Modeling Commitment: Key Factor in Retaining Faculty & Staff

Trusted school leaders maintain their relationships and keep their promises. The importance of making and keeping both personal and organizational commitments is key to the successful management of a school or any organization.

What makes a great manager great? Despite differences in their personal attributes, successful managers all excel in the making, honoring, and remaking of commitments… A leader’s commitments shape a business’s identity, define its strengths and weaknesses, establish its opportunities and limitations, and set its direction.[1]

Trusted school leaders know the high value of developing and maintaining an environment that fosters long-term faculty and staff Commitment. Studies suggest it takes five to seven years to develop an effective teacher.[2] Yet, in many schools, between high turnover rates and other factors, long-term teacher commitment to a single school is very low. In a recent study of British schools, a teacher’s average stay in the same location was 6.7 years.[3] That may mean that these teachers leave their schools just when they become most effective. In fact, the same study revealed that over 50% of teachers had been employed less than five years in the same location.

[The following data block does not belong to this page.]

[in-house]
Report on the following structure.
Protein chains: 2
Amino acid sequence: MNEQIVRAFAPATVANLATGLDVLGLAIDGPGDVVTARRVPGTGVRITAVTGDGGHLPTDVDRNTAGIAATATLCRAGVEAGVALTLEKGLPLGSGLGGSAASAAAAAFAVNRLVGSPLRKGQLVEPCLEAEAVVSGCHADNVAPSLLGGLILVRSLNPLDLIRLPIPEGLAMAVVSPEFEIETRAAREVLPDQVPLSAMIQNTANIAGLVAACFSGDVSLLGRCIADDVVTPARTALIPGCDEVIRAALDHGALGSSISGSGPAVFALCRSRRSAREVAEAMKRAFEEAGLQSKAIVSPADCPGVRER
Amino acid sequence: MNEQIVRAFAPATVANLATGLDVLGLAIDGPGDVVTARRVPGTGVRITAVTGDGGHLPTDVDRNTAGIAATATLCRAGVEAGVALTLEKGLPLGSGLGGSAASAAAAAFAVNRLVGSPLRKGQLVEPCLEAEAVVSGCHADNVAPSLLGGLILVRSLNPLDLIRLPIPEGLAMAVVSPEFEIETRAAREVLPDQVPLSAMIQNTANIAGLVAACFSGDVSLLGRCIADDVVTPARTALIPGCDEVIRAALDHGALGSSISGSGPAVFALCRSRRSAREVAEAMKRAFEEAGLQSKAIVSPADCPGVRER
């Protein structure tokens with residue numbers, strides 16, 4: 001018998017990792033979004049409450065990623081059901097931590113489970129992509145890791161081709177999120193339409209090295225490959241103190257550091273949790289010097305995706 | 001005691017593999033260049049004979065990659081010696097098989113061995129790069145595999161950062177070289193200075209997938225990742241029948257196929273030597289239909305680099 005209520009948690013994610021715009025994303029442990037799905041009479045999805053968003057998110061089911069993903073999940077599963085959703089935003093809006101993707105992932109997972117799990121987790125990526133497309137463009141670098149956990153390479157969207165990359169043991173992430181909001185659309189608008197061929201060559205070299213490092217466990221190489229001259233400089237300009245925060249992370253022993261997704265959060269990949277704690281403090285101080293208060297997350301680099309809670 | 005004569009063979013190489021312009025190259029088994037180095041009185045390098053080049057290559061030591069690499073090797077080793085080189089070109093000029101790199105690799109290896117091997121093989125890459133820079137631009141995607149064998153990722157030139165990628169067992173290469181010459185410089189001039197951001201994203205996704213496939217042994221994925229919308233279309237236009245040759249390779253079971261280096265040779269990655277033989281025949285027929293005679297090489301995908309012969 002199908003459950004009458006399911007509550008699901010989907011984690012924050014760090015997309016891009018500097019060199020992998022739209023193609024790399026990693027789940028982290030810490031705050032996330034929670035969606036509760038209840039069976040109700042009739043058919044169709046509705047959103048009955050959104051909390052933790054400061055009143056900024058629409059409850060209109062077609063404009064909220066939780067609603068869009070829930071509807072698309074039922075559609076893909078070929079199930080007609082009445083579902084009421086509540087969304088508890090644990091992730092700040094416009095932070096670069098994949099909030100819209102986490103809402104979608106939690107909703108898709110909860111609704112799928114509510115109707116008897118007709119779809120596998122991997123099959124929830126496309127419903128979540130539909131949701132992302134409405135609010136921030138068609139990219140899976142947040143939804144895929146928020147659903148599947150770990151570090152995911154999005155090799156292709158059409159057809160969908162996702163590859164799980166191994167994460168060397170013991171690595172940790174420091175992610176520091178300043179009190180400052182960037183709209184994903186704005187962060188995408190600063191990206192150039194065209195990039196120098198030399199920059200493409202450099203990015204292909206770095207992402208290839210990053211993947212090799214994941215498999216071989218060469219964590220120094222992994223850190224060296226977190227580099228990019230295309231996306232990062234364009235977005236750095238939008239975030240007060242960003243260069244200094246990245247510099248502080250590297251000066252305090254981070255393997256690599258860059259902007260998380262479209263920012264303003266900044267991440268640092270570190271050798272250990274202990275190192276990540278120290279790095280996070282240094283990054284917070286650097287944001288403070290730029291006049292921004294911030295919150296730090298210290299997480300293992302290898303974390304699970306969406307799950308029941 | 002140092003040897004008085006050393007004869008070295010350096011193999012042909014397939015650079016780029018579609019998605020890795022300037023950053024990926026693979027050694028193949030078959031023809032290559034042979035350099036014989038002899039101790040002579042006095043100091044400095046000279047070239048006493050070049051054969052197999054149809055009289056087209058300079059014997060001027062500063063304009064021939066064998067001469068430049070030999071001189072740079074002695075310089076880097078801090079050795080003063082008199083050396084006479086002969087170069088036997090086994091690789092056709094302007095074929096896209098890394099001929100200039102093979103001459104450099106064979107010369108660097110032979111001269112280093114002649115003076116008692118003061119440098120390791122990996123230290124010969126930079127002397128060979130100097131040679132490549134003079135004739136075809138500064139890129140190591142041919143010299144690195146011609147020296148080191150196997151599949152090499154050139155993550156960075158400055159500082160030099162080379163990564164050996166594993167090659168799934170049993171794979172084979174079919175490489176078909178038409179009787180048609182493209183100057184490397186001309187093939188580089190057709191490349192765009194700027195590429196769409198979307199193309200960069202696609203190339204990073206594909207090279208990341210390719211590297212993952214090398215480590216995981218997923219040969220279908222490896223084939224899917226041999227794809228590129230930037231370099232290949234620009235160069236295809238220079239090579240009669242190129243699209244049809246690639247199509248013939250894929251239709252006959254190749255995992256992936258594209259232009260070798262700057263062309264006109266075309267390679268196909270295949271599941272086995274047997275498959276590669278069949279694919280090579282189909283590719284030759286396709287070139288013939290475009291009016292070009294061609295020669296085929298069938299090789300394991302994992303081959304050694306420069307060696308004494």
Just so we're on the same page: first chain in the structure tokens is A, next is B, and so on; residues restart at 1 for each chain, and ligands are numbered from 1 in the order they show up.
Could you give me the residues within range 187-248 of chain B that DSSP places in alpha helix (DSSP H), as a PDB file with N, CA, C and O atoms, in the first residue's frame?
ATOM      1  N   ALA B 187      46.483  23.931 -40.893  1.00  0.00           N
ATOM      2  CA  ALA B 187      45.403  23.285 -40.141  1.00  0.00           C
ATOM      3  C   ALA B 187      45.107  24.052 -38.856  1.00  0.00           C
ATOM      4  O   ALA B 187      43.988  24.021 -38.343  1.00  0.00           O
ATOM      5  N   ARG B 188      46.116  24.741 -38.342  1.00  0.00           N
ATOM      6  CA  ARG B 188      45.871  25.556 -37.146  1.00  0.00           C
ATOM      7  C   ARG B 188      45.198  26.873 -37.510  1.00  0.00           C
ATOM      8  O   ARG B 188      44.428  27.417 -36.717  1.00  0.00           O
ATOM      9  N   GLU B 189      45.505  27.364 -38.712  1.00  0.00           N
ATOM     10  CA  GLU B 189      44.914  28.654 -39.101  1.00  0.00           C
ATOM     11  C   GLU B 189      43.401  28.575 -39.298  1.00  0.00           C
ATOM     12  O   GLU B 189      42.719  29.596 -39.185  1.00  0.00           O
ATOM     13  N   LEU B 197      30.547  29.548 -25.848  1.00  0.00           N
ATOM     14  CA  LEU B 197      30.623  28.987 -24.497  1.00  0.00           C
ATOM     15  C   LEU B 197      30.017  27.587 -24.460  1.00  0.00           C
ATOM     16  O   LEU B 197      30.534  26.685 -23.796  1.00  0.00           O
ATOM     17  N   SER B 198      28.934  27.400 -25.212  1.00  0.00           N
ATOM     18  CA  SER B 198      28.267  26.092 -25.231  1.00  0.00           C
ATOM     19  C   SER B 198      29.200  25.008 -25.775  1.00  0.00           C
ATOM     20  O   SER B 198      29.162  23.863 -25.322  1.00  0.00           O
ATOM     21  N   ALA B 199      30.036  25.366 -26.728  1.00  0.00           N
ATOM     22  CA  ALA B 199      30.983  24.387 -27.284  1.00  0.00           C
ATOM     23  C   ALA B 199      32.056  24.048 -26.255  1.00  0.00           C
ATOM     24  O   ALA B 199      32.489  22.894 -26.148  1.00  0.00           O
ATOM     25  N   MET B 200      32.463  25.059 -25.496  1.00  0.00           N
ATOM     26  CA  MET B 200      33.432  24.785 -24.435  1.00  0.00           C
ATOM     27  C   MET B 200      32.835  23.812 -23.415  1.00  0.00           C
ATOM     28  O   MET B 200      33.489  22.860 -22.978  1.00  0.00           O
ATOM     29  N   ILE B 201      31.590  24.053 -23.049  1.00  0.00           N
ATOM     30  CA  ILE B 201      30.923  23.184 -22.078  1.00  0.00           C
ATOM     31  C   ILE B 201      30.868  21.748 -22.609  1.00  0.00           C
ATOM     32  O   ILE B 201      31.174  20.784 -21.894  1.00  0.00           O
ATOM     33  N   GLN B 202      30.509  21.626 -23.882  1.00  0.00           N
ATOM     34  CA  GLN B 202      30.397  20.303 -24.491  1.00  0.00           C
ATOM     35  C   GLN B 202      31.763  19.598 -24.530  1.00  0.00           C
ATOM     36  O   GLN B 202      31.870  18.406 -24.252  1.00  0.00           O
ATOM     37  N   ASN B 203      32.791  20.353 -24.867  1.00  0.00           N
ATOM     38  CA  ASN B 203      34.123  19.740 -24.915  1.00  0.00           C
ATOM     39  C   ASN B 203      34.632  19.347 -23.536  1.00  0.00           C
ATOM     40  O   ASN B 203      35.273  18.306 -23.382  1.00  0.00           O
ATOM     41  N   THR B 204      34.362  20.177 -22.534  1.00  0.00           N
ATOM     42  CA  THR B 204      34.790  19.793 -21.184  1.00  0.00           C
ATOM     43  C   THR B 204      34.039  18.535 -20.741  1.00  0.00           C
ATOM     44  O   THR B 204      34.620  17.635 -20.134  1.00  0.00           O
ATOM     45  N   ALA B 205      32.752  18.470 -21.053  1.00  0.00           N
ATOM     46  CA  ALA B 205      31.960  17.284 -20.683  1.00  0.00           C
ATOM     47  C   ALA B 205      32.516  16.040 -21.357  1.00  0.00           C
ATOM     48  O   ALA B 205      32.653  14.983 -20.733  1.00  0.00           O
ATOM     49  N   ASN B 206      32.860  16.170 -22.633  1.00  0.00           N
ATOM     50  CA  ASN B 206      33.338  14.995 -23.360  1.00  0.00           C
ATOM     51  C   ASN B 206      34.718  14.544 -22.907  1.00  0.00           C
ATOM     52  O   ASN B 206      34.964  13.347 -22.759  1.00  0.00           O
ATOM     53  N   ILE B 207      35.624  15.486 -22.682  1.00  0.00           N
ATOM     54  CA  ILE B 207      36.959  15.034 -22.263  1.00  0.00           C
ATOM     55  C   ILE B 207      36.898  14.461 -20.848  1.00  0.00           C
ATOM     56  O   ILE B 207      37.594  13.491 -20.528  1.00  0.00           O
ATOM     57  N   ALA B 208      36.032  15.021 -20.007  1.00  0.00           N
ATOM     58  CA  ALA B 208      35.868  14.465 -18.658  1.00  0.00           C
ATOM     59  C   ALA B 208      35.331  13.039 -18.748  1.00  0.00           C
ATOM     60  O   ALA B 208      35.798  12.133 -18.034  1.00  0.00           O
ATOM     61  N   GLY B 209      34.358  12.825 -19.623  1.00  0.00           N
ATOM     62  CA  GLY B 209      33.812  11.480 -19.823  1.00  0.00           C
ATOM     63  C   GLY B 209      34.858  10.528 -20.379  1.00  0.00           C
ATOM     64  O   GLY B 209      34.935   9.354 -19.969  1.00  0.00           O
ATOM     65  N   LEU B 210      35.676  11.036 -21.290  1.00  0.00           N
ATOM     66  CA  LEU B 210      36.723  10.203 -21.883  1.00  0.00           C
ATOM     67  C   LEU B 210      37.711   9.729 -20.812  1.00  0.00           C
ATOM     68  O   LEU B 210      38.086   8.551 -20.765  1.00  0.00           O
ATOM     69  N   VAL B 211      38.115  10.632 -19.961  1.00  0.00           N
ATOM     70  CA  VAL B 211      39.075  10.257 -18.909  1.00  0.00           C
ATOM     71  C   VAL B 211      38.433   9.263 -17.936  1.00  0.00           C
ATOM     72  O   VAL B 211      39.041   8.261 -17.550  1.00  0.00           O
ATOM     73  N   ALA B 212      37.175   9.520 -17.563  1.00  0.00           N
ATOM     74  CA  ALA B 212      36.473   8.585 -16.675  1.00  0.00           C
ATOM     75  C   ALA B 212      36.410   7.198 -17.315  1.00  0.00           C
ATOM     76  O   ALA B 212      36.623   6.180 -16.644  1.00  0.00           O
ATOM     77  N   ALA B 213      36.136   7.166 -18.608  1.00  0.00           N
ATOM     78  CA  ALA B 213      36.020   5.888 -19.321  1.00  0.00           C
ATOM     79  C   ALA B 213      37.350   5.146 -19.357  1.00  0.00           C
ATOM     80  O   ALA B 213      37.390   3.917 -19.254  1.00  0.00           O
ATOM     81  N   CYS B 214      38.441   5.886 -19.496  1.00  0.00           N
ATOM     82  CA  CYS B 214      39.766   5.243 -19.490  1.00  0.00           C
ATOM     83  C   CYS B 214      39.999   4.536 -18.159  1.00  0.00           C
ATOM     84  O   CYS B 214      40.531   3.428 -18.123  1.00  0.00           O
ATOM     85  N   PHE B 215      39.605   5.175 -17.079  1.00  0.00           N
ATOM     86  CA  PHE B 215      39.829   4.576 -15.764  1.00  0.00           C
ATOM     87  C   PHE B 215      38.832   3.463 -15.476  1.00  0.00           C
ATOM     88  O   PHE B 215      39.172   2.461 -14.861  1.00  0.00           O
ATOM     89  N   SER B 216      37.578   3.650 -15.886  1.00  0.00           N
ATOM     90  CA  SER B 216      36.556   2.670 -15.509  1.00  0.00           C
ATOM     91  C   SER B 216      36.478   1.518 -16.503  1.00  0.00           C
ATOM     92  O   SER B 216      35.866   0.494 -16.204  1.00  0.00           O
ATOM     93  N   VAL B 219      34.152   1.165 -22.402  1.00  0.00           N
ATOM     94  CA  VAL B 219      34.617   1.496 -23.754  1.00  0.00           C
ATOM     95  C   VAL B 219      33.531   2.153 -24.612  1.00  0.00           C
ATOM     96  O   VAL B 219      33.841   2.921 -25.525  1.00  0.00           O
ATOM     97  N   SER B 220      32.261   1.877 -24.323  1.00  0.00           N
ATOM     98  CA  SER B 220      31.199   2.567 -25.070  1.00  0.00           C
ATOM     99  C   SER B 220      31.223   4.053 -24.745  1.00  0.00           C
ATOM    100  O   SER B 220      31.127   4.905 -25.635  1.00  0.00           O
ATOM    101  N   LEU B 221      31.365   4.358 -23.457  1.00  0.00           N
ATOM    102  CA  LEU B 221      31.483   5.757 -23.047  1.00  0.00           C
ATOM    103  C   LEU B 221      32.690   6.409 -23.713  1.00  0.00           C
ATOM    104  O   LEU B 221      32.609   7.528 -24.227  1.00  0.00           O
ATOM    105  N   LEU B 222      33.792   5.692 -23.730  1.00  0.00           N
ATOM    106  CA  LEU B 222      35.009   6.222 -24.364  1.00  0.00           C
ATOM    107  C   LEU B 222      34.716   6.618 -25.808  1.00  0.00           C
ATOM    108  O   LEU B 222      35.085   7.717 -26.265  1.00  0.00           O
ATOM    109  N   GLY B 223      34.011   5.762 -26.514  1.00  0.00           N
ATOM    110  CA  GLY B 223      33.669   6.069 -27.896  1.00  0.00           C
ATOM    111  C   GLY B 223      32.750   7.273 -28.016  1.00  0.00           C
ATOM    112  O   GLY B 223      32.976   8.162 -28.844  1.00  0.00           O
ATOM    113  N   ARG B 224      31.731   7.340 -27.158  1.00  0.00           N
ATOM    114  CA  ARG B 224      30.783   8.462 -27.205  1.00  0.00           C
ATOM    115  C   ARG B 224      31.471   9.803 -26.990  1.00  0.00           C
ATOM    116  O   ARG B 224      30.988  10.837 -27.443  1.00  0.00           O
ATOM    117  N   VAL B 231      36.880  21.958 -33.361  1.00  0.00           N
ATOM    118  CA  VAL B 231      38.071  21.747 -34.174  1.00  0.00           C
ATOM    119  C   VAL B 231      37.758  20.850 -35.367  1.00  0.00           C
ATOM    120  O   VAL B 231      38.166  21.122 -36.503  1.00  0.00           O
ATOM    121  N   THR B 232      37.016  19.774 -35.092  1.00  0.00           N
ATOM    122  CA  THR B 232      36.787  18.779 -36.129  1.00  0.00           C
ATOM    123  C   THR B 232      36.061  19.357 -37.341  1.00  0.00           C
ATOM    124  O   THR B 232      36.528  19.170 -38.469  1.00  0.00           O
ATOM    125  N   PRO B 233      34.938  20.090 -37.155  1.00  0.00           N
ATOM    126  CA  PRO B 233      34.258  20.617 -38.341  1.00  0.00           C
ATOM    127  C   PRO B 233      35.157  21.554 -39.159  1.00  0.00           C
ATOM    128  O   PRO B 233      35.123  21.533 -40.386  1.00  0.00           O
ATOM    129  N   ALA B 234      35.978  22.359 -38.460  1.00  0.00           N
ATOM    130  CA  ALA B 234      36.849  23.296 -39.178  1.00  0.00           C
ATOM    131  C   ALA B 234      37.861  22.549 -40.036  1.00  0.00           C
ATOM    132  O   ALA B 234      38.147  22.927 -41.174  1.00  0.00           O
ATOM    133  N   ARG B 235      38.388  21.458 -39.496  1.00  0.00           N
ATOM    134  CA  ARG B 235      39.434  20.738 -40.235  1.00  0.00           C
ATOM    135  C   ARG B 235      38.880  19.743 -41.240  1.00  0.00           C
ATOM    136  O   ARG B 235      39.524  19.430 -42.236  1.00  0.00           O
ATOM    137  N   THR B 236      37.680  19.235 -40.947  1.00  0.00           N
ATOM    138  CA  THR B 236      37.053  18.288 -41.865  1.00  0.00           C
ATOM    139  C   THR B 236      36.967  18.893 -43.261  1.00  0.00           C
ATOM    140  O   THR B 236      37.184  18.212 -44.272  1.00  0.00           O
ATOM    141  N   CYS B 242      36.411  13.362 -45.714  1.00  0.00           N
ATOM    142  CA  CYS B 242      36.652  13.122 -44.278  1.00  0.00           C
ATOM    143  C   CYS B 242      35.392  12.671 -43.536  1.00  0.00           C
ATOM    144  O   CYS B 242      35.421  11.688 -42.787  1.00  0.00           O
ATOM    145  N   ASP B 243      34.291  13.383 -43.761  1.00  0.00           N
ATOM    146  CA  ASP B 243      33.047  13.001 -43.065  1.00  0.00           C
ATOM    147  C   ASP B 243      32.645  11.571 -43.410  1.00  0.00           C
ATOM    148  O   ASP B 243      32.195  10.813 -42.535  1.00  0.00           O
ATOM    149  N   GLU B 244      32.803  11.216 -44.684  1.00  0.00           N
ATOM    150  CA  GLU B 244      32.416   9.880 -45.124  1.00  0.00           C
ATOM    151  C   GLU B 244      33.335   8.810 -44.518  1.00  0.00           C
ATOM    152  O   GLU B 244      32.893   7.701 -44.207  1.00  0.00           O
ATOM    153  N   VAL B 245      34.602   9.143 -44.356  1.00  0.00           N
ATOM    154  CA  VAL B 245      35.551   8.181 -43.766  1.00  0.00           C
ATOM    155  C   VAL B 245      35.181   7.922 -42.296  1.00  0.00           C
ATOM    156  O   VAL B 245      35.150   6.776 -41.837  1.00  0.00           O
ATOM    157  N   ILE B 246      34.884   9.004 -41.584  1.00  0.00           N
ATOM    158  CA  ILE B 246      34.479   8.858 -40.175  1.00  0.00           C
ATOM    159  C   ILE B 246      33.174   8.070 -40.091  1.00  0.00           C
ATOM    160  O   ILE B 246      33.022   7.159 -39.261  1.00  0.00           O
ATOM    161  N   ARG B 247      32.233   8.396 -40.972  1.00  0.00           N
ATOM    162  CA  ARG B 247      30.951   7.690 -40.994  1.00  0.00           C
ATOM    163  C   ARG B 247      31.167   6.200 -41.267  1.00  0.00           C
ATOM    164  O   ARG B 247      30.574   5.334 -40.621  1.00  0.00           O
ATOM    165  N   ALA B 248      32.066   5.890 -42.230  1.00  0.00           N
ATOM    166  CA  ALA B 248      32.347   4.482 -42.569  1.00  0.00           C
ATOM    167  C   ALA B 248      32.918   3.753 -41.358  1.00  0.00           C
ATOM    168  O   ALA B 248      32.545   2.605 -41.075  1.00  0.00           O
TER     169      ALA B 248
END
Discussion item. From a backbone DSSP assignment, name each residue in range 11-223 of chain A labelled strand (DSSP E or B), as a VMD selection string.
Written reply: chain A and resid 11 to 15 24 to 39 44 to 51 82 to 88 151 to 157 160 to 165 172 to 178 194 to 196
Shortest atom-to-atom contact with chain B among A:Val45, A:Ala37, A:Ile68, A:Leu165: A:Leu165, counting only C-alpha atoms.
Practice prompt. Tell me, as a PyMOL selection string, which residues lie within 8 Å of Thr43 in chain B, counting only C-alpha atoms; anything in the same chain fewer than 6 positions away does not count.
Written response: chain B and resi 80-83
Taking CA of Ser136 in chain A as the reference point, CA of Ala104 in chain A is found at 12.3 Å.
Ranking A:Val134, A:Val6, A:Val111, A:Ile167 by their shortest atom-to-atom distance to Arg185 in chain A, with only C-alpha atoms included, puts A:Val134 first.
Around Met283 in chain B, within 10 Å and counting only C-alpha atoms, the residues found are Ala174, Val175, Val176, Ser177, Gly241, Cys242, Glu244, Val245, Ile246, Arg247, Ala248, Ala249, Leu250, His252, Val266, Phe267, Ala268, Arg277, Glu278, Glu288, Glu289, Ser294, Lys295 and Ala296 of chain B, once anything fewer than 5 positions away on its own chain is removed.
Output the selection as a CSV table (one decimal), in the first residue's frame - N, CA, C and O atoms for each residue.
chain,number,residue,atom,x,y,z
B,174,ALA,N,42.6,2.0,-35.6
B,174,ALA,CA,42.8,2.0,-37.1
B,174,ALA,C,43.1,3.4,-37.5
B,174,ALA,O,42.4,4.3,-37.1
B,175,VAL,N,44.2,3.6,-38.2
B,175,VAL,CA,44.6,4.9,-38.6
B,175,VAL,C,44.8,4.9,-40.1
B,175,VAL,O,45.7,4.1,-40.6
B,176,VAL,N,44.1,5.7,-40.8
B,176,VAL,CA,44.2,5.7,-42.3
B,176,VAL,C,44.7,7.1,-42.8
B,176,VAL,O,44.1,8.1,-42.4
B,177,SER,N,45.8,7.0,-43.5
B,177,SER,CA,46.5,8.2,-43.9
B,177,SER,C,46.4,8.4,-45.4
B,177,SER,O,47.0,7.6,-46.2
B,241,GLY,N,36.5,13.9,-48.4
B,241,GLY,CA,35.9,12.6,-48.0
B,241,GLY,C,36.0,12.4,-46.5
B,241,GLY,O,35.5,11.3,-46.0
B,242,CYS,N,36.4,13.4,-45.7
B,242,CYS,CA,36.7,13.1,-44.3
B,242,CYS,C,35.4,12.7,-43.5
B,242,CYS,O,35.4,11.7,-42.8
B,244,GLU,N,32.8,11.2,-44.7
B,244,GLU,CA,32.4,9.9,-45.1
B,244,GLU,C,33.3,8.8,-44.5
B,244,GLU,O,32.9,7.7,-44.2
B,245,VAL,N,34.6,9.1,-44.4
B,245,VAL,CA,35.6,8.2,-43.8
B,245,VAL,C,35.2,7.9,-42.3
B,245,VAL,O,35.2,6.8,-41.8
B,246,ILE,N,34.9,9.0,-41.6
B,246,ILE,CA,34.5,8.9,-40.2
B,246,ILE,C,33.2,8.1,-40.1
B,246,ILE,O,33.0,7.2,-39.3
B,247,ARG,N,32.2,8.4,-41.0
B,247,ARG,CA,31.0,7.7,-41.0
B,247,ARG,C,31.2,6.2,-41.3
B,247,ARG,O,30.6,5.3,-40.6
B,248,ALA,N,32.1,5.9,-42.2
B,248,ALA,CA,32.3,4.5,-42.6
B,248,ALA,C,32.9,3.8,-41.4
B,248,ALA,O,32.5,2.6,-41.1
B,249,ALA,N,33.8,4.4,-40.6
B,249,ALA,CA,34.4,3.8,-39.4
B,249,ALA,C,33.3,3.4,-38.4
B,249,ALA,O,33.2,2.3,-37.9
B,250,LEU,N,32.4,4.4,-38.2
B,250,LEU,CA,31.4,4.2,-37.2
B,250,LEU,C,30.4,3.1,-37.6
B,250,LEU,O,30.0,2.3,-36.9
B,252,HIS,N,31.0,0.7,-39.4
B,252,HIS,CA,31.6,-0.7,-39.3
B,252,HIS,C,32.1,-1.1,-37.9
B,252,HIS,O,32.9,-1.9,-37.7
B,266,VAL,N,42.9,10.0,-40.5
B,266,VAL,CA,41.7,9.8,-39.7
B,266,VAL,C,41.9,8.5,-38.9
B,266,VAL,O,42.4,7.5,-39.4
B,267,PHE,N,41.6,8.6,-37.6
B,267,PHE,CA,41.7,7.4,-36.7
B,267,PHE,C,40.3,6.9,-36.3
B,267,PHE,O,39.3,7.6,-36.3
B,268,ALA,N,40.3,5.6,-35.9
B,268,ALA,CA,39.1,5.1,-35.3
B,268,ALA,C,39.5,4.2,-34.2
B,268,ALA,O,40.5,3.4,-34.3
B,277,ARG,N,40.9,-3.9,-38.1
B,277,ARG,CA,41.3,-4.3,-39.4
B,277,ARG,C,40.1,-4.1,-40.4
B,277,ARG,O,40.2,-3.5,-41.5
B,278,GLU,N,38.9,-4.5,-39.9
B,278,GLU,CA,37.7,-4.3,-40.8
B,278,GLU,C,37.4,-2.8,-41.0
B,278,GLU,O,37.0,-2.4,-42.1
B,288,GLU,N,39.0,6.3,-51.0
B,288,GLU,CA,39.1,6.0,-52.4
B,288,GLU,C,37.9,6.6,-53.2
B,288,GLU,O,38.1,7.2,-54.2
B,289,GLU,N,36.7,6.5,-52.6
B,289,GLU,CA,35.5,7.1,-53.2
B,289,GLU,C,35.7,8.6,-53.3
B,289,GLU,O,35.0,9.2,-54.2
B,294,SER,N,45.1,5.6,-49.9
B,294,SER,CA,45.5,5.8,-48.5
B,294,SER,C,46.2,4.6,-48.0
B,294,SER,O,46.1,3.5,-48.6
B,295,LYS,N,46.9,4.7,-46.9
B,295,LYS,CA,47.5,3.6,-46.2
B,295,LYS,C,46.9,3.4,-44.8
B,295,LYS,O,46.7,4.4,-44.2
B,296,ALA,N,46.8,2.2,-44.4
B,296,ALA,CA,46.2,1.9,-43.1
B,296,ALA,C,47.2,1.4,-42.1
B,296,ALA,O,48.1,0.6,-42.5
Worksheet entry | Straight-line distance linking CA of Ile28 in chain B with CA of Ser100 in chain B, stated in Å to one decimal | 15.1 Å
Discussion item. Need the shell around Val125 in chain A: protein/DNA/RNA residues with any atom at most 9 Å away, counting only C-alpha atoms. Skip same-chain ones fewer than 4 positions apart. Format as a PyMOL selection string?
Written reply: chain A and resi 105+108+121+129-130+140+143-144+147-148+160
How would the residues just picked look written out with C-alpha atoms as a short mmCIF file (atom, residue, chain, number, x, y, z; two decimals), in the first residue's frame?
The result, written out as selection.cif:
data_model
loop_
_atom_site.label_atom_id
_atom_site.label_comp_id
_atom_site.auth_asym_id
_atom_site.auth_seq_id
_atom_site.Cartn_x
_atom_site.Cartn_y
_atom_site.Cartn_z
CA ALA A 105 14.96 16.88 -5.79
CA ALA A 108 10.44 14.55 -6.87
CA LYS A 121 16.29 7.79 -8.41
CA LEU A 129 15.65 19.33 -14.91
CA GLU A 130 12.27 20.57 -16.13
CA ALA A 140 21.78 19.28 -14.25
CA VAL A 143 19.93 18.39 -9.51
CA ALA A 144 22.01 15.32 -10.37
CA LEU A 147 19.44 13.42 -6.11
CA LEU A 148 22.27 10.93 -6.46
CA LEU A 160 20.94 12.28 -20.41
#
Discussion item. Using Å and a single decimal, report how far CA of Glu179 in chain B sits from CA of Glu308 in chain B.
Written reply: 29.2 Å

Studies also identified the key components to fostering longer teacher tenures. The results indicate “the need for school leaders to draw from occupational research and provide environments in which teachers are supported and regarded as valued decision-makers in their schools.”[4] Another USA-based study supports this same conclusion, identifying those school leaders who are actively…

…choosing, supporting, and valuing faculty and encouraging shared decision-making appear to be the central practices in building teacher retention; and these practices are supported by and integrated with principals’ modeling of positive personal characteristics, exercising fairness and equity, being visible and approachable, and communicating in an open two-way manner.[5]

Thus, modeling Commitment is a key factor in retaining committed faculty and staff.

©2016 Toby A. Travis

[1] Donald N. Sull, “Managing by Commitments,” Harvard Business Review 81, no. 6 (2003): 1.

[2] Jennifer H. Waddell, “Fostering Relationships to Increase Teacher Retention in Urban Schools” Journal of Curriculum and Instruction 4, no. 1 (2010): 70-85.

[3] “How Long are Teachers Staying?” Research in Public Policy, Centre for Market and Public Organisation, accessed 22 June 2016,

[4] Waddell, “Fostering Relationships,” 72.

[5] Janet A. Cornella, “Principal leadership: The missing link in teacher retention,” Dissertation Abstracts International Section A: Humanities and Social Sciences 71, no. 9-A (2011): 3181.

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